The other evening, just after dusk, as I was walking from computer to kitchen; I happened to glance out of our front windows at the patio. Gazing back was a beautiful doe, interrupted from perusing the buffet of our potted garden by my passing. Her calm gaze told me she had snacked on our Violas before, and had every intention of finishing this meal, too.
Now, my friends know the extraordinary lengths my partner and I have gone to keep the deer out of our garden. Deterring the deer has consumed our efforts, and resources, and become something of an ongoing conversation among our extended family.
These newly emerging Heuchera leaves are growing in to replace the many mature leaves recently eaten by hungry does.
Not yet willing to give up gardening or move elsewhere, I’ve devoted the last two gardening years to planting mostly “deer resistant” plants. I’ve studied and compiled lists of plants the deer are “supposed” to leave alone.
We’ve surrounded vulnerable plants with smelly herbs, trialed a half dozen “deer repellents,” made the fences higher, chased the deer who have found their way in, and experimented with lighting. My “deer resistant” Oakleaf Hydrangeas ended up nibbled to sticks. The Heuchera and Violas grown in pots at the foundation to the house have been decapitated. And, we still find hoof prints and deer scat to prove the deer’s efforts at getting in and out, on both sides of our fencing.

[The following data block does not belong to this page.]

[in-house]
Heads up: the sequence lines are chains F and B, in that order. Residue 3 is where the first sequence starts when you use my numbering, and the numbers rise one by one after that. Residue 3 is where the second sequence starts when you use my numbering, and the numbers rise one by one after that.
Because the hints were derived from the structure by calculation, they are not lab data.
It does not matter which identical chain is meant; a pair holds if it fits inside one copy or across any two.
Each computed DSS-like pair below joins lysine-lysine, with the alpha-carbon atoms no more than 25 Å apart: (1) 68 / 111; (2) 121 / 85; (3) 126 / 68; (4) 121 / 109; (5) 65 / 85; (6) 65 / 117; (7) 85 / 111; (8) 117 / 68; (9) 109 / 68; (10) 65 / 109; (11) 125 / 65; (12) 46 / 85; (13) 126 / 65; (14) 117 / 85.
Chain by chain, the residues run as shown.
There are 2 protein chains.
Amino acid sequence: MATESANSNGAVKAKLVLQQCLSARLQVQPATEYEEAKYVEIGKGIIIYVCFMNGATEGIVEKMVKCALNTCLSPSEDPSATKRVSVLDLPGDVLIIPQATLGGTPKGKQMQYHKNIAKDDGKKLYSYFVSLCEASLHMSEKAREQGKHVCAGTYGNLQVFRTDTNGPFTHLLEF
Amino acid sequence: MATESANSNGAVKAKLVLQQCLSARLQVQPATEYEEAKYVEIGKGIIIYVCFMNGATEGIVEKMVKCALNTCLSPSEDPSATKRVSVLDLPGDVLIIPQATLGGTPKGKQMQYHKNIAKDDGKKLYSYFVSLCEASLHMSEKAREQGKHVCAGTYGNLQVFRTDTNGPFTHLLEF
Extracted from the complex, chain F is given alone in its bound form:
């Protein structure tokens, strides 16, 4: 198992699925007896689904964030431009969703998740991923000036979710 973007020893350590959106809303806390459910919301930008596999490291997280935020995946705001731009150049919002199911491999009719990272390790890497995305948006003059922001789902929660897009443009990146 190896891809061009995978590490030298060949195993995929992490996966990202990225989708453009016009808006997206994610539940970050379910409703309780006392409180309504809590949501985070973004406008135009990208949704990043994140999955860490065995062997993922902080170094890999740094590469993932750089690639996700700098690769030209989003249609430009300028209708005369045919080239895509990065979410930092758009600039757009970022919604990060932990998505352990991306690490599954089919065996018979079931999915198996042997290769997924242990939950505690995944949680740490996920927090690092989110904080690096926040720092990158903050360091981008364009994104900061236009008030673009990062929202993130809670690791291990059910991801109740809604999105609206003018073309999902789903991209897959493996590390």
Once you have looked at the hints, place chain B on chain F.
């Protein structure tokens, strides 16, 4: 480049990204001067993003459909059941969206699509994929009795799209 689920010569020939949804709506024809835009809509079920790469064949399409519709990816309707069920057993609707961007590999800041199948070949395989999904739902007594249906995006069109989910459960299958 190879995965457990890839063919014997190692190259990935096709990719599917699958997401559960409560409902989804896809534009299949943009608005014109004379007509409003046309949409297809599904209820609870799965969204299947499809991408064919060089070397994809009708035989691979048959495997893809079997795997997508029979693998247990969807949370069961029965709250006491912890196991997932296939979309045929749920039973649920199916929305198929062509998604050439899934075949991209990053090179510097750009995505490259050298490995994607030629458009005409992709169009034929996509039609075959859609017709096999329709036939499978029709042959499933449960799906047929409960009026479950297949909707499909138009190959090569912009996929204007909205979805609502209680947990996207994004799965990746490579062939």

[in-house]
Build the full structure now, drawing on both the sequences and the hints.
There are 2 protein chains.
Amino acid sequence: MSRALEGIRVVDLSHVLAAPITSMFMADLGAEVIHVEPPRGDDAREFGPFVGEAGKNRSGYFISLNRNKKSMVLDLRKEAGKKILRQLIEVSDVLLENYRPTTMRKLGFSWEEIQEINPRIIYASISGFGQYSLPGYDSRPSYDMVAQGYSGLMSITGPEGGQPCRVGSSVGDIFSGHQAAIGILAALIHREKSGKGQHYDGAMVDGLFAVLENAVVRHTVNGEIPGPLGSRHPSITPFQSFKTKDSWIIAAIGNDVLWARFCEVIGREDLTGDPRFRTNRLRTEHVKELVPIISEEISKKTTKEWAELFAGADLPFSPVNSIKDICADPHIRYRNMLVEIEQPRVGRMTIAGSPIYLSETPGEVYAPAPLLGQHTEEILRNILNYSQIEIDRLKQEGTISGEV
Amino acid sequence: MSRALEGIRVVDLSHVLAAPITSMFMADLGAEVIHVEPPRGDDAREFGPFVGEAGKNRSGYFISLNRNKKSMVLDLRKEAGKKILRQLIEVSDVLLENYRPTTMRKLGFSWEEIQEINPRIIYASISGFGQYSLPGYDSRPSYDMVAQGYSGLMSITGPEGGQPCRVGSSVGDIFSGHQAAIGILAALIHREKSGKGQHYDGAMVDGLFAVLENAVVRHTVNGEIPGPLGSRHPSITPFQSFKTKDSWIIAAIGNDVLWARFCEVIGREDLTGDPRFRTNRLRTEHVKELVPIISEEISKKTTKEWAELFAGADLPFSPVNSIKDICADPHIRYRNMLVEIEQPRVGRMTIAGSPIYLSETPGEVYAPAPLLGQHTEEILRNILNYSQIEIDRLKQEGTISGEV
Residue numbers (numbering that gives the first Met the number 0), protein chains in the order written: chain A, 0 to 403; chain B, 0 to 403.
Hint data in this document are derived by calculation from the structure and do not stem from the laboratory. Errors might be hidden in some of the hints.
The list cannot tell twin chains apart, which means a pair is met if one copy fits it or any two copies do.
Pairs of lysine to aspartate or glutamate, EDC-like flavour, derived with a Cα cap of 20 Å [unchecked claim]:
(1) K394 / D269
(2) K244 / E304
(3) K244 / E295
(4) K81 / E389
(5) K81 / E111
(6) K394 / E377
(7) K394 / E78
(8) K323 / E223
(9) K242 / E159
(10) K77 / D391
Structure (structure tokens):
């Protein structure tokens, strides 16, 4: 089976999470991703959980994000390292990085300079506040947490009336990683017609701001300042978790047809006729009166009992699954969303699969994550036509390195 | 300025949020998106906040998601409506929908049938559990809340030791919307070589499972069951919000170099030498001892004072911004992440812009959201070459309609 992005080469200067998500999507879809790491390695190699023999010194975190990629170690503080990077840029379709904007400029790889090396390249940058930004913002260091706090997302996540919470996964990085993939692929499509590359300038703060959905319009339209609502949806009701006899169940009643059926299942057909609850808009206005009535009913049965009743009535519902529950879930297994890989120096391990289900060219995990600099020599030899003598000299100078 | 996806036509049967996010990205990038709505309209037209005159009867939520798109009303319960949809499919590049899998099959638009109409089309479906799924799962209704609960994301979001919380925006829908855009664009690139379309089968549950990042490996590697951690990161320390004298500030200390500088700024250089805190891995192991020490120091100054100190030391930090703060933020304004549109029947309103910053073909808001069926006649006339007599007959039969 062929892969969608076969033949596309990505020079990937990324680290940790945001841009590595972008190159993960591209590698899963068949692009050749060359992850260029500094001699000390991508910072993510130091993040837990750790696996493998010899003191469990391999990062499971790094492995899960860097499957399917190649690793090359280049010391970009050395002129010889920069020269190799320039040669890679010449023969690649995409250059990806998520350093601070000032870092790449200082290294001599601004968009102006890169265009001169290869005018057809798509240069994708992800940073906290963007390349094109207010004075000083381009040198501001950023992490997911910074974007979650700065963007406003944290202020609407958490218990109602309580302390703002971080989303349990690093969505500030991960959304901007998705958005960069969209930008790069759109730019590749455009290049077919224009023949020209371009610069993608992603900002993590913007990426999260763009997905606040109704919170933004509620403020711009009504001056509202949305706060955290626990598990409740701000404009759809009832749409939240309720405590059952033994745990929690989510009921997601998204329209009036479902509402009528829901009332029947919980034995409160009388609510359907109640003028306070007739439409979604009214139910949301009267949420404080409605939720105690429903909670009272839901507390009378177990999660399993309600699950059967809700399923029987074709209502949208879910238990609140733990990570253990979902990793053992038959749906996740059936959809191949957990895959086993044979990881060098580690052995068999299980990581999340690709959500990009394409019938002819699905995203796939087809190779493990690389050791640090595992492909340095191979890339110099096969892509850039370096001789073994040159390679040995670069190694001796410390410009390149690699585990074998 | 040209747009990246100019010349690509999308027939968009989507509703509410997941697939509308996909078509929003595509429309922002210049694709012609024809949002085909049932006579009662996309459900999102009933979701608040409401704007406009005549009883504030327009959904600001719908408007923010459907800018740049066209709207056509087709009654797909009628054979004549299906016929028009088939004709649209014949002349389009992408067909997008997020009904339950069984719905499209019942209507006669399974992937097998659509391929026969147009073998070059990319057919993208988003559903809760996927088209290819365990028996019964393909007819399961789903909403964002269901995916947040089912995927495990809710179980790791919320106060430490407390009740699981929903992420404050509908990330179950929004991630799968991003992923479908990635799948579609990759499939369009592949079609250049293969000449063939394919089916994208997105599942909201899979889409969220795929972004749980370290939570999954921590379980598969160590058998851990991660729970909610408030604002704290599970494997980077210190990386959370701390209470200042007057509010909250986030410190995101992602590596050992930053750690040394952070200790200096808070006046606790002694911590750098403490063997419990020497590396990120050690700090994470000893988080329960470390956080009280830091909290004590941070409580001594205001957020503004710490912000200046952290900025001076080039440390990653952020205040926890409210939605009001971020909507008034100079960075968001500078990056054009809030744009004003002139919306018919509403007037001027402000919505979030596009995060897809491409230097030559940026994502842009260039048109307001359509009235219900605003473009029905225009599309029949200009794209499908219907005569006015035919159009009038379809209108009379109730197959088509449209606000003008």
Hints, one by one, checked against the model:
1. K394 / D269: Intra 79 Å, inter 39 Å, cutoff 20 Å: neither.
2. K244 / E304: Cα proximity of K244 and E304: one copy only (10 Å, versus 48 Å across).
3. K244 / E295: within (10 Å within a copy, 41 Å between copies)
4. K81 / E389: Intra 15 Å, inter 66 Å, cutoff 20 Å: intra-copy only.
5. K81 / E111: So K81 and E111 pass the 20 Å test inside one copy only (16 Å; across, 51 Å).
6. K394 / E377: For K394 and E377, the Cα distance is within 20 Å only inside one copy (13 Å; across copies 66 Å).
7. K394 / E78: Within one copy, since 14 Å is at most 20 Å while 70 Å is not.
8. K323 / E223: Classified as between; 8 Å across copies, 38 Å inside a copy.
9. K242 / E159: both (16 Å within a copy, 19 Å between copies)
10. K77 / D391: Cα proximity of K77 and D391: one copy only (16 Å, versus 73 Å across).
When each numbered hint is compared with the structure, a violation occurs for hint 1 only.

Caladiums, ferns and Begonias remain my favorite plants for shade.
So what is a “deer resistant” plant? There are plenty of things I perhaps don’t enjoy eating, but will in a bind. Same with any creature bent on self-preservation. And the overpopulation of deer in Virginia this year is at legendary levels.
We’re seeing stories about them on our news. Too many Bambis, not enough hunting, and intense pressure on the environment have left our deer especially hungry this winter. Local drivers are encountering deer with deadly consequences here in James City County. Rutting season is now underway, and deer are running across our roads more than ever.
That is why, as I consider plant choices for the coming season, “deer resistant” is no longer good enough.
Have you ever considered how members of the Plant Kingdom defend themselves? Some have thorns. Some have tough bark. And many are poisonous.
The topic of poisonous plants is not polite conversation.
We may hear whispers of Belladonna and Oleander, but most of us have left the topic strictly alone. Until now.
Mountain Laurel, a small evergreen tree, blooms each May. Since every part of it is poisonous, deer leave it alone.
In my reading about plants that are “deer resistant,” more and more I’ve noticed notes about some of those plants also being- poisonous. Sometimes just the seed is poisonous, or just the leaves.
Does this look poisonous to you? The daffodils and Columbine are both highly poisonous. The tiny periwinkle blue flowers and evergreen leaves of Vinca shine among the leaves. Although not listed as poisonous, Vinca contains over 50 alkaloids and is never nibbled by the deer.
We all know that both potatoes and tomatoes were considered poisonous until fairly recently in our history. Their leaves are highly poisonous, as are the leaves of the poinsettia plant. Potatoes which have turned green must be peeled due to the poisonous substances in their skin.